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Coronavirus: Brent youngsters defying lockdown are bored, poor, or living in overcrowded homes, study finds

PUBLISHED: 14:45 05 May 2020

Connect Stars volunteers and Zaffar Van Kalwala  in Stonebridge  Picturet: Connect Stars

Connect Stars volunteers and Zaffar Van Kalwala in Stonebridge Picturet: Connect Stars

Archant

Poverty, boredom and overcrowded homes are among the reasons young people in Brent are defying lockdown rules, a local study shows.

Outreach work among youngsters has been carried out by youth charity Connect Stars, based in Stonebridge, supported by former councillor Zaffar Van Kalwala.

Volunteers have been out discovering why young people are not adhering to social distancing rules.

Working across Brent, including Stonebridge, Church Road, Chalk Hill, Wembley, Kingsbury and South Kilburn, they spoke to 130 young people aged between 13 – 24 years old.

They also gave out advice about the importance of complying with lockdown and social distancing regulations.

According to their research, the majority of those questioned said they were not staying indoors due to overcrowding, boredom or lack of physical activity.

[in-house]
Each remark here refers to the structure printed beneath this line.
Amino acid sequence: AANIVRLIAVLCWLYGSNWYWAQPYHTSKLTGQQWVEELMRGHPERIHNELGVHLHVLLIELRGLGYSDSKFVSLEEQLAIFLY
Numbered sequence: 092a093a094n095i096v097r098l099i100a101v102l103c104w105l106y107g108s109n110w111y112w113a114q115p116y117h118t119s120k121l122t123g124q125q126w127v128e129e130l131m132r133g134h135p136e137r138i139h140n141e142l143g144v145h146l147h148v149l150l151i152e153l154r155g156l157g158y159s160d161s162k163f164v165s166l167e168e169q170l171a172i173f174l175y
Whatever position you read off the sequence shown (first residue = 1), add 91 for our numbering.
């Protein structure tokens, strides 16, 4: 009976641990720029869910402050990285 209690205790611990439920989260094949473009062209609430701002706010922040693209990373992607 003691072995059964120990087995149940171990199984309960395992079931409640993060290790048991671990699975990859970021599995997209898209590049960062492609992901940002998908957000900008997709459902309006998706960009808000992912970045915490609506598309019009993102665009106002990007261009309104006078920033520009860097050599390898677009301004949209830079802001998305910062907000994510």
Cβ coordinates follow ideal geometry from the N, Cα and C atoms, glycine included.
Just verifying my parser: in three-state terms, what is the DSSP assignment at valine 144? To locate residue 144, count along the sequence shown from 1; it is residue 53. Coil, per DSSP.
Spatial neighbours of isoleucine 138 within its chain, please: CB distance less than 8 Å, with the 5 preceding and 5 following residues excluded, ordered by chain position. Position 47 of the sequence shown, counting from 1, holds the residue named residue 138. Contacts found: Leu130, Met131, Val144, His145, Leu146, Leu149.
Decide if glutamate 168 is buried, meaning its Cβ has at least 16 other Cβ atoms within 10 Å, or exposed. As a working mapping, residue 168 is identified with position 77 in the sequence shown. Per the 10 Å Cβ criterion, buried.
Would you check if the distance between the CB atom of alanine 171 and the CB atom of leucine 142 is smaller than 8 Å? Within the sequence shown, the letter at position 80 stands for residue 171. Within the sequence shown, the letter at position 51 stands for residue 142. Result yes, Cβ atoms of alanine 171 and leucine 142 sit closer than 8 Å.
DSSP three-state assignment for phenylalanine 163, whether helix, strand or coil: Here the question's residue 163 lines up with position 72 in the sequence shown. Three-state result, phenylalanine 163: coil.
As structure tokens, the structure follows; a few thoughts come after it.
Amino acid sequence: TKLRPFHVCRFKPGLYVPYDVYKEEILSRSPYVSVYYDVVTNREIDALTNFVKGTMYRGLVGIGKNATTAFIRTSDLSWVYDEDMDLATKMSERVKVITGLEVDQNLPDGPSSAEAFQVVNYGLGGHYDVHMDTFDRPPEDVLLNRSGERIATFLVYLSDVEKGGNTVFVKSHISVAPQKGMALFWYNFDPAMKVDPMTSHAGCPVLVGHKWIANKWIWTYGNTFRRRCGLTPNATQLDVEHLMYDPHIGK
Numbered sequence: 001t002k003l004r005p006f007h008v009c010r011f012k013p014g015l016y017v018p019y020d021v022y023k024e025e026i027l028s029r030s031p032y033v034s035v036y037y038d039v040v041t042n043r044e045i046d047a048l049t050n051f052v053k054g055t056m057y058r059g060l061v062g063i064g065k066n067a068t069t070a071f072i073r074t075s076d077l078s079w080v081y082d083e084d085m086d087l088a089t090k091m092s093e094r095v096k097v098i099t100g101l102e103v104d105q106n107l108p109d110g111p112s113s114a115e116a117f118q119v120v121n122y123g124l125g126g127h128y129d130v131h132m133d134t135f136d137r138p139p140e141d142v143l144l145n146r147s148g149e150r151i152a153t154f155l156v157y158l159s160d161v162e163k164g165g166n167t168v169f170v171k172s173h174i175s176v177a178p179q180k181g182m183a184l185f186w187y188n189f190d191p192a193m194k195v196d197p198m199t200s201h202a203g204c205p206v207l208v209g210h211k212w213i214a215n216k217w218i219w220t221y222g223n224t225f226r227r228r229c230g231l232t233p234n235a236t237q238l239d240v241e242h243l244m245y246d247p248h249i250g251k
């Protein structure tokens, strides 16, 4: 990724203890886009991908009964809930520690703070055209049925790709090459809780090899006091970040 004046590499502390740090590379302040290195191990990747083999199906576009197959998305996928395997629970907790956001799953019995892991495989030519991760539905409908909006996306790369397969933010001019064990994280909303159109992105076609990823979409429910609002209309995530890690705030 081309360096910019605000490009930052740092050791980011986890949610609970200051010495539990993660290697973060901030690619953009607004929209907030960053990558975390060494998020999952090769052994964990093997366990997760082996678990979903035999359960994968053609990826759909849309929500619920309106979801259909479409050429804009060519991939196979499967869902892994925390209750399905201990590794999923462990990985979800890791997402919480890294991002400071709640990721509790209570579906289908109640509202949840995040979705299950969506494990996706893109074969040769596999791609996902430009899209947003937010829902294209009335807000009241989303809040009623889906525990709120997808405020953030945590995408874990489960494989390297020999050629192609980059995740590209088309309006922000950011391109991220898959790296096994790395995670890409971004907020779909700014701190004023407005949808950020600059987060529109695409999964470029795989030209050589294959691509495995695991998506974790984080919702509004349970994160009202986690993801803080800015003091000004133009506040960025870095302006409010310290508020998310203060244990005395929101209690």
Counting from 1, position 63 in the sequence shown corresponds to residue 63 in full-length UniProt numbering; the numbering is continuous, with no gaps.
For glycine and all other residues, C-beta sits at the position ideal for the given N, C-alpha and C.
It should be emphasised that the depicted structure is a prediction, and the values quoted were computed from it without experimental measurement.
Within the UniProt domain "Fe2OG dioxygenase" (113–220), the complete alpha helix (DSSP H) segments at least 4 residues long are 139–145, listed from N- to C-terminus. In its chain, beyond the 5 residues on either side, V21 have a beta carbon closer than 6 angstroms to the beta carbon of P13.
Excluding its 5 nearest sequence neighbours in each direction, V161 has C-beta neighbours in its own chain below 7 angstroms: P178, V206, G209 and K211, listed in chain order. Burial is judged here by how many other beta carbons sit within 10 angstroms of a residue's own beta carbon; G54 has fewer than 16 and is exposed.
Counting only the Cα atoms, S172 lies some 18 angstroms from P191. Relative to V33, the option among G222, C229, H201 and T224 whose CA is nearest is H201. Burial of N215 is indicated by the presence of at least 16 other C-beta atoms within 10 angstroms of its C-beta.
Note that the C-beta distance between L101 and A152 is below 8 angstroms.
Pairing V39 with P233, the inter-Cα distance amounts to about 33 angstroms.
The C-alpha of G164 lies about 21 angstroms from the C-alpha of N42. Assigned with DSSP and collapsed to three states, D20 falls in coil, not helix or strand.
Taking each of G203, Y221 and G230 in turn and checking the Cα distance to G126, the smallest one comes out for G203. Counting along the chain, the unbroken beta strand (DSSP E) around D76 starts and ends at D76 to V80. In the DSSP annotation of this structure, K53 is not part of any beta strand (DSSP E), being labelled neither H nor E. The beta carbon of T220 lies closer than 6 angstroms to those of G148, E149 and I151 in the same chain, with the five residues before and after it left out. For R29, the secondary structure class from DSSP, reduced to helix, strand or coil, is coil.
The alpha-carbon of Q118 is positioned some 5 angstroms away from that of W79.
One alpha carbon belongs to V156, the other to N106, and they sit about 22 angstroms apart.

Others decided to engage in anti-social behaviour, such as smoking cannabis, instead of being at home.

The research also showed conditions worsening for Brent’s young people due to the Covid-19 pandemic.

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A staggering 43 per cent of those polled said they needed more financial support either through vouchers or food drops.

Steven, 15, from Stonebridge, said: “A family member caught the coronavirus so six of my cousins moved into our two-bedroom flat, which meant there are nine of us in the property.

“I came to the park to get out of the house and get some fresh air.”

Volunteers were told that the borough needs more youth clubs, sports activities and jobs when the lockdown ends.

The outreach work results will feed into discussions with local stakeholders about formulating responses to Covid-19-related youth issues.

Kwame Kumaning, Connect Stars’ project co-ordinator, said: “The outreach work was focused on serving the community by reaching out to young people.

“It was essential to hear their voices and to find out why they were defying government orders.

“With the information we have gathered we are going to put in place measures with our partners to keep our community safe.”

Mr Van Kalwala added: “It’s really important to understand some of the worrying experiences young people have to go through because of this horrendous virus.

“I hope this helps to build support, including when the lockdown ends. We are all in this together, let’s not leave anyone behind.”


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